Politics

The Most Important Social Security Tip You Never Heard

If you’re planning to begin taking social security payments as soon as you are eligible, you could be missing out on additional long-term income. One factor many people fail to weigh when deciding when to receive retirement benefits is whether they have alternative assets that could let their government-guaranteed nest egg grow larger. Waiting to receive social security benefits is sometimes the smarter approach to making your retirement income last.

Social Security
By US Government (Social Security Administration) [Public domain], via Wikimedia Commons
Social Security is a unique thing. It is adjusted for inflation, it lasts the span of one’s life and it grows at a regular rate until you start receiving benefits. Social security is a valuable, reliable income stream, but there are factors that impact just how large this income stream can be. Americans can begin receiving social security payments at 62, though it comes with a payment reduction of up to 30%. Full retirement age, according to the Social Security Administration, is around 67 years old (depending on your birth year), and at 70 years, the monthly benefits stop increasing. The question is when to begin payments.

There are many considerations that go into this decision, such as health concerns. However, one consideration I’ve rarely heard people mention—but which should be a primary determinant—is the valuation of what one is selling from their portfolio. All decision making should be based on the opportunity cost of the first alternative, in this case, social security. When it comes to retirement income streams, the second alternative is often an investment account.

Stock and bond valuations (e.g., how expensive they are) are currently high. By many measures, the U.S. stock market is approaching the most expensive it has ever been. Similarly, bonds are trading at very low interest rates, hence very high prices. Selling stocks at historically high prices can net you four to five times what selling stocks at low prices would yield. In this market environment, why not sell parts of your portfolio and let your social security benefit grow at 8% a year?

Consider a hypothetical example using rough figures. Bob has reached his full retirement age of 66 and needs $60,000 a year to fund his lifestyle. His social security benefit is $30,000 a year if he takes it today, or he can let it grow to almost $40,000 by the time he’s 70. Bob also has a $500,000 portfolio, investing 80% in stocks, so he is able to sell stocks now and get top dollar for them. Initially, Bob lives on proceeds from portfolio sales and defers taking social security. Sometime between now and when Bob turns 70, we fall into a bad recession. Stock prices drop 50%, meaning Bob has to sell twice as much stock to fund the same amount of lifestyle. At this point, Bob decides he’s not getting the best price for his stocks anymore, so he turns on his social security, enjoying a $40,000 benefit, which means he only needs to sell $20,000 of his portfolio (presumable the safer assets) to fully fund his lifestyle.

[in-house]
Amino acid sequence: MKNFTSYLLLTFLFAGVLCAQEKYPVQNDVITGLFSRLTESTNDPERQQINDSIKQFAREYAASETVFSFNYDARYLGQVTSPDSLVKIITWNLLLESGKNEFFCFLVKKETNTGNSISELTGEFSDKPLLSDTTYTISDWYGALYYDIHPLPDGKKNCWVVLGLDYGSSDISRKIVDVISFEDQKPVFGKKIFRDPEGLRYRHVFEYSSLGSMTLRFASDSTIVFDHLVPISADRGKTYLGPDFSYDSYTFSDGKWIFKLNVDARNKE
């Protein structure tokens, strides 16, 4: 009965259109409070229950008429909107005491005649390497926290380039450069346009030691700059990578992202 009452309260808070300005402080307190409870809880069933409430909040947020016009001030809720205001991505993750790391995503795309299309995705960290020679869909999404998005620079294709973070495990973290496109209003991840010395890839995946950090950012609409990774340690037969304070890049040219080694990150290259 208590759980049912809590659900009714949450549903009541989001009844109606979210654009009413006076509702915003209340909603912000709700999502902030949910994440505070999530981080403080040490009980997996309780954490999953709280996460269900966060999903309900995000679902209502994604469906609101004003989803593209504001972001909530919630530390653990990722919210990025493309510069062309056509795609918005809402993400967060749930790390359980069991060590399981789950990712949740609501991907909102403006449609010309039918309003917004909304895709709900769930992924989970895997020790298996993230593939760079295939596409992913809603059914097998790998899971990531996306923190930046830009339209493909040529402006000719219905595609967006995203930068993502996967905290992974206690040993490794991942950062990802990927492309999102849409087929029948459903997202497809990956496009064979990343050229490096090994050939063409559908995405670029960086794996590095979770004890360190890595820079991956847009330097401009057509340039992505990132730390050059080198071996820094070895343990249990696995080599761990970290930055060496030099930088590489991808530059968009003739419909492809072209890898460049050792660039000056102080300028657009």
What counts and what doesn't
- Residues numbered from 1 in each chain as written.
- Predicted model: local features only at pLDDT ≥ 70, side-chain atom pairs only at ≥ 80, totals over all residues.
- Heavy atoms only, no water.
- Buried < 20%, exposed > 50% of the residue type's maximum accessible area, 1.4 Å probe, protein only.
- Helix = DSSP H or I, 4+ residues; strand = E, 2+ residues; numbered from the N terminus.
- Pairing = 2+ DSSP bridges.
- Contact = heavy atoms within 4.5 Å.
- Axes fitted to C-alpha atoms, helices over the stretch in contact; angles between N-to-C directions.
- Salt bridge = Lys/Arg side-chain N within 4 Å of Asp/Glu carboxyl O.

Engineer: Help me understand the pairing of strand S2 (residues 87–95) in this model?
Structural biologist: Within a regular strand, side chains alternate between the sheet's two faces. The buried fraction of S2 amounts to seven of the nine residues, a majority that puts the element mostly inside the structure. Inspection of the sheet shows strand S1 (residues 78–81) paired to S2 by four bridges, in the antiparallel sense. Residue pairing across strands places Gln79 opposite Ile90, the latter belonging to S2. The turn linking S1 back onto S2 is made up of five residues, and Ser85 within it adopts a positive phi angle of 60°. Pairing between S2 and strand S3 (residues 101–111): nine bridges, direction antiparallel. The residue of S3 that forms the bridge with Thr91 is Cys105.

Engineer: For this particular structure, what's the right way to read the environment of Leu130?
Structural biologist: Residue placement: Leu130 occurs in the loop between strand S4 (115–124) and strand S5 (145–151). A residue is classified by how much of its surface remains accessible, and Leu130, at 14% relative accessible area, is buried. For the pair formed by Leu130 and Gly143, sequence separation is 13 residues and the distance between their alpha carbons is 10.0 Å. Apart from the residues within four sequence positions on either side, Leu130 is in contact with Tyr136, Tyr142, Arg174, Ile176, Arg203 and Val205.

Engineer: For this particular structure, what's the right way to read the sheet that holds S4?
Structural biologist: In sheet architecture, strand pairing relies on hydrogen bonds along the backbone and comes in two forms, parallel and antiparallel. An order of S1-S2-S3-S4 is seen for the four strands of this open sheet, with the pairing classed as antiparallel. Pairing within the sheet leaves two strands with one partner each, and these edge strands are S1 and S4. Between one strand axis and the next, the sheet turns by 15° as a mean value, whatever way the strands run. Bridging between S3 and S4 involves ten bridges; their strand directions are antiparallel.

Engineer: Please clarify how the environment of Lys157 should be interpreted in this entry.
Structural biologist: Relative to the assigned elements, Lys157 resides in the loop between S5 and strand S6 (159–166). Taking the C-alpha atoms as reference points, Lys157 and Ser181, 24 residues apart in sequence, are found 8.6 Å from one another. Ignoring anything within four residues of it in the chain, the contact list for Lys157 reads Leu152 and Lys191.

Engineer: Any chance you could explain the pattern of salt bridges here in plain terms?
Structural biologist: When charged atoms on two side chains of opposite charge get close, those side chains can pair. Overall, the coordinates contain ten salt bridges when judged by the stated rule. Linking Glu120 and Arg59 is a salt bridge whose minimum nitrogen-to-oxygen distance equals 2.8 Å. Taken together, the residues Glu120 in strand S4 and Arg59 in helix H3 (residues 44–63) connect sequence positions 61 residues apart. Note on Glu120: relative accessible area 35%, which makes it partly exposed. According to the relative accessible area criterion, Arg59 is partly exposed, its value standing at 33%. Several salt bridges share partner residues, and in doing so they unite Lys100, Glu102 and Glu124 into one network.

There are two big benefits to this approach:

  1. Bob sold $240,000 worth of stock ($60,000 x 4 years) while prices were high and the getting was good. Depending on how bad the recession is, this could easily save Bob more than $100,000.
  2. Once a recession occurs (which can last a long time), Bob can fund more of his lifestyle through his guaranteed social security payments and put less pressure on his portfolio while prices are low.

Relying on portfolio yield and deferring payments is something that is rarely (if ever) discussed. If you can live on your financial assets while valuations are high, let your social security continue growing at 8%, guaranteed. It has major implications for how you fund your retirement years and can provide even more financial security in the future.

This information is for general use with the public and is designed for informational or educational purposes only.  It is not intended as investment advice and is not a recommendation for retirement savings. Lincoln Financial Advisors Corp. and its representatives do not provide legal or tax advice. You may want to consult a legal or tax advisor regarding any legal or tax information as it relates to your personal circumstances.

Loic LeMener, CFA®, MBA, CFP® is a registered representative of Lincoln Financial Advisors Corp. 

Securities and investment advisory services offered through Lincoln Financial Advisors Corp., a broker-dealer (member SIPC) and registered investment advisor.  Insurance offered through Lincoln affiliates and other fine companies CRN-1805991-052517.Opus Wealth Management is not an affiliate of Lincoln Financial Advisors Corp.


About the Author

Loic LeMener is the founder and President of Opus Wealth Management in Dallas, Texas, a boutique wealth management firm that specializes in personalized client solutions. Loic and his team provide their clients with a targeted needs evaluation to answer important questions that provide a better, more personalized experience. The team focuses on integrity and believes in the following “golden rule” – they won’t do anything for you that they would not do for themselves or their loved ones.

Loic received his Masters in Business Administration from Southern Methodist University, studying Finance, Accounting and Portfolio Management. He also earned the Certified Financial Planner™ certification and the prestigious Chartered Financial Analyst® designation. In addition, he has been quoted in national publications such as Barron’s.

In his free time, Loic is a devout reader, with his favorite topic being “value investing.” His favorite investors are Warren Buffett, Ben Graham, Charlie Munger, Seth Klarman, Howard Marks, and Jeremy Grantham.